Croissants. The classic viennoiserie that every boulangerie should aspire to be proud of their own. Be it in France, Singapore, or anywhere else, the croissant can be representative of how much the chefs in the kitchens respect their products. It is not extremely difficult to make a decent one by hand, but to craft the best takes years, if not forever. While the typical neighbourhood boulangerie might have fallen to the temptation of using factory-made, frozen croissants, there are plenty more chefs who take pride in making their own, and some from scratch.
The croissant is made with feuilletée. It is a type of dough made from layering the détrempe (the water dough), with butter. The butter is wrapped in the détrempe, rolled out, folded, rolled out, and folded again and so on. It takes effort and time, having to let the dough rest every two turns. In the end, the layers of dough and butter work in some miraculous symphony, along with yeast, to give a golden, flaky and buttery crescent. It also comes in many variations, filled with almond paste, glaced with chocolate or re-interpret it entirely with candied rose petals and rose pâte.
Following the despair over my sense of taste, I have decided to compare two croissants. Putting aside the grandiose debate about relativity in all things, standards of food are relative. It is easy to tell which is a good croissant from the perfunctory ones, but it’s not the case, at least for my untrained palate, to the distinguish the good from the better, and then the best. I had one from Des Gâteaux et du Pain, and the other from Moulin de la Vierge. Both are familiar names in the Parisien boulangerie scene, so I had guessed to start from these.
The croissant from Des Gâteaux had a darker caramelized exterior, evenly coloured. The fine layers were very obvious, and the flakes followed the shape of the layers. It had that essential aroma of a rich butter which lingers between your fingers from touch. On the other hand (not literally), the crust was dismal. It did look like a croissant, but the unexciting layering on the outside seemed bleak in comparison to the Des Gâteaux croissant. The worst thing was the patchy flakes that didn’t seem very appetizing. Though it smells good, it has a more plain frangance missing the butter aroma. If I had only my nose to rely on, I would choose the Des Gâteaux croissant any day.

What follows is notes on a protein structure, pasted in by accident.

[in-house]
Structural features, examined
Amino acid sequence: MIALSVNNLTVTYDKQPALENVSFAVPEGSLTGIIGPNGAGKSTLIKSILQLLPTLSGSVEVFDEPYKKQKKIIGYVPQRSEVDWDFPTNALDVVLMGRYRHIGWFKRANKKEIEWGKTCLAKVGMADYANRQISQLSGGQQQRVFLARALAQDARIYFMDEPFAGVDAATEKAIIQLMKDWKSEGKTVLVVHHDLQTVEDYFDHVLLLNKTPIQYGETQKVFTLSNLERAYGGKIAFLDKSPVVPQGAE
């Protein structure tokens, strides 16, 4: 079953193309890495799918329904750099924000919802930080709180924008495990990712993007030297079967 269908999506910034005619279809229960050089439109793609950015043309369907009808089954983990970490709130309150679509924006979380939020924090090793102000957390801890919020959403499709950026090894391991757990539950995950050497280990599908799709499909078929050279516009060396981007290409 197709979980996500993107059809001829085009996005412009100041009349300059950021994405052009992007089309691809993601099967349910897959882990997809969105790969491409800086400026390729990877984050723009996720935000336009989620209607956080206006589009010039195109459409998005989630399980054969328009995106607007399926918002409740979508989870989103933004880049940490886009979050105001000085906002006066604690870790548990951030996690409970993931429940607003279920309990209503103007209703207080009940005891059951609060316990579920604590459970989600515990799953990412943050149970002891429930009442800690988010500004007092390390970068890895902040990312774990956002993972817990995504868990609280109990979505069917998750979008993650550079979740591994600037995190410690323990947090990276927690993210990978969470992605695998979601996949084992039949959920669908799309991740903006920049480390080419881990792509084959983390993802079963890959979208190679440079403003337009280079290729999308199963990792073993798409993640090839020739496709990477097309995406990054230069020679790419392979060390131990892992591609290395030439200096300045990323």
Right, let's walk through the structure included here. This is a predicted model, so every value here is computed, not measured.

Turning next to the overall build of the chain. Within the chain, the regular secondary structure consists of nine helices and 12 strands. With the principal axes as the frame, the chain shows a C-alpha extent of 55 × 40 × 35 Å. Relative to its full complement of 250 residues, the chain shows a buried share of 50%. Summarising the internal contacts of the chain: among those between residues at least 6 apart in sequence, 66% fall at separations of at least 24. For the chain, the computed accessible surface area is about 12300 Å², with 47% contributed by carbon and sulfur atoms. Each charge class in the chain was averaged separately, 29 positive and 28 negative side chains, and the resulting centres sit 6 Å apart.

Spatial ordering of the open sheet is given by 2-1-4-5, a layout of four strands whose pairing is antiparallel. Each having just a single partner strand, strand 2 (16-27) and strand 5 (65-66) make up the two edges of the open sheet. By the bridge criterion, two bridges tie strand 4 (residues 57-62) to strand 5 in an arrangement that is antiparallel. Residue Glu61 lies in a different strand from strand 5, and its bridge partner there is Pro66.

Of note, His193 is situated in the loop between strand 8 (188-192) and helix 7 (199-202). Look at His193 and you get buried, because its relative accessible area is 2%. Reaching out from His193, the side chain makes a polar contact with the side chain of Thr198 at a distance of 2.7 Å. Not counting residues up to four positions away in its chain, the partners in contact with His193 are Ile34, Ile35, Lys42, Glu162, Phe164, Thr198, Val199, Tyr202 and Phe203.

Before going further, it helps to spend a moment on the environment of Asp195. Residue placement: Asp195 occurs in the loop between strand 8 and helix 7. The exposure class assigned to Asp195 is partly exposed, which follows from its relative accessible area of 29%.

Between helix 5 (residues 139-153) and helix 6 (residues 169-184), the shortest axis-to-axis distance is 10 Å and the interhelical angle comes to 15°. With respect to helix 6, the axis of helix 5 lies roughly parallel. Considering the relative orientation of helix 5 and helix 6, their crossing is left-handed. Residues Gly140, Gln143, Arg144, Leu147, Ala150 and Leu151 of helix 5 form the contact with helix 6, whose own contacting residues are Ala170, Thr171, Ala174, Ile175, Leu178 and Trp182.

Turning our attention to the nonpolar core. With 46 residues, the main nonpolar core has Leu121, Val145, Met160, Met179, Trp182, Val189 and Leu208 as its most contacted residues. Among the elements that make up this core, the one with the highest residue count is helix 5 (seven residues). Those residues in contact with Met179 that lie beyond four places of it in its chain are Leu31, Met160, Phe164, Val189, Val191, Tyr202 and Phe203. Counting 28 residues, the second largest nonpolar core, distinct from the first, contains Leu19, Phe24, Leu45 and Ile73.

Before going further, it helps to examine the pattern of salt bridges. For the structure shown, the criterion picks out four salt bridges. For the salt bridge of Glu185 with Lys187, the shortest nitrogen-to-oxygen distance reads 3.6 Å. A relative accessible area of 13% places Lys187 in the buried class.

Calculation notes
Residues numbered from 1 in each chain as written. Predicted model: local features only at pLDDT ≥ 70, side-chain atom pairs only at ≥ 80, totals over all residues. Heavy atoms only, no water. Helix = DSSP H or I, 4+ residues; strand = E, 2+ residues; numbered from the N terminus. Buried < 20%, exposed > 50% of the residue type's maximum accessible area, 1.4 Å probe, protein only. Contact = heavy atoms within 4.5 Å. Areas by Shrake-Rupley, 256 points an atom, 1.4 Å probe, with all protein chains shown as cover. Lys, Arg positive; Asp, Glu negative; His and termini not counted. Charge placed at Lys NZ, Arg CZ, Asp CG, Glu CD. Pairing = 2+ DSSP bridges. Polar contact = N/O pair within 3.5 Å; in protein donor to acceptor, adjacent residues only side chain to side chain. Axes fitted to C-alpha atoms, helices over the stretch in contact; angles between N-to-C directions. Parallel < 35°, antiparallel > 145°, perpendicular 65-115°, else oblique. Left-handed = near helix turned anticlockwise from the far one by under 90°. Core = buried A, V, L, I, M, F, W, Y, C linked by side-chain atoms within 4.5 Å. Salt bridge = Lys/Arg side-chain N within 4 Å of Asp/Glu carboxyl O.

Before putting them into my stomach where they truly belong, I “dissected” the croissants to study the cross-sections, as I previously did with plant specimens in biology class. What made the croissant from Des Gâteaux amazing was that it was airy, yet it has structure. When I placed a little pressure on the top of both croissants, the Des Gâteaux croissant didn’t flatten, only to bounce up firmly.
The Moulin croissant, in contrast, could be flatten easily. So I when I took a bite on each of them, both were light and moist, but the Moulin croissant didn’t feel as airy as the Des Gâteaux one. I’m not sure how they managed to have something so firm yet so moist at the same time. To add on to that, the flakes on the Des Gâteaux were consistently crunchy, while the patchy flakes of the Moulin croissant didn’t fare that well. Needless to say, the one that had the smell of rich butter, tasted so much better. To put the final nail to the coffin for the Moulin croissant, the underside had a slight burnt taste. It was perfect for Des Gâteaux.
I have placed one croissant so high up on the podium, and the other in a coffin. To be fair, both are decent and they taste much better than the average croissant back home in Singapore, and perhaps in Paris too. The Moulin croissant, though lacking in the butter taste, hits off well with its moist and light texture – perhaps a better choice for the health-conscious who prefer less fats. As for me, I could never resist the smell of the buttery croissant from Des Gâteaux et Du Pain. I will taste more croissants from elsewhere, and till then, this croissant will retain the throne on my palate.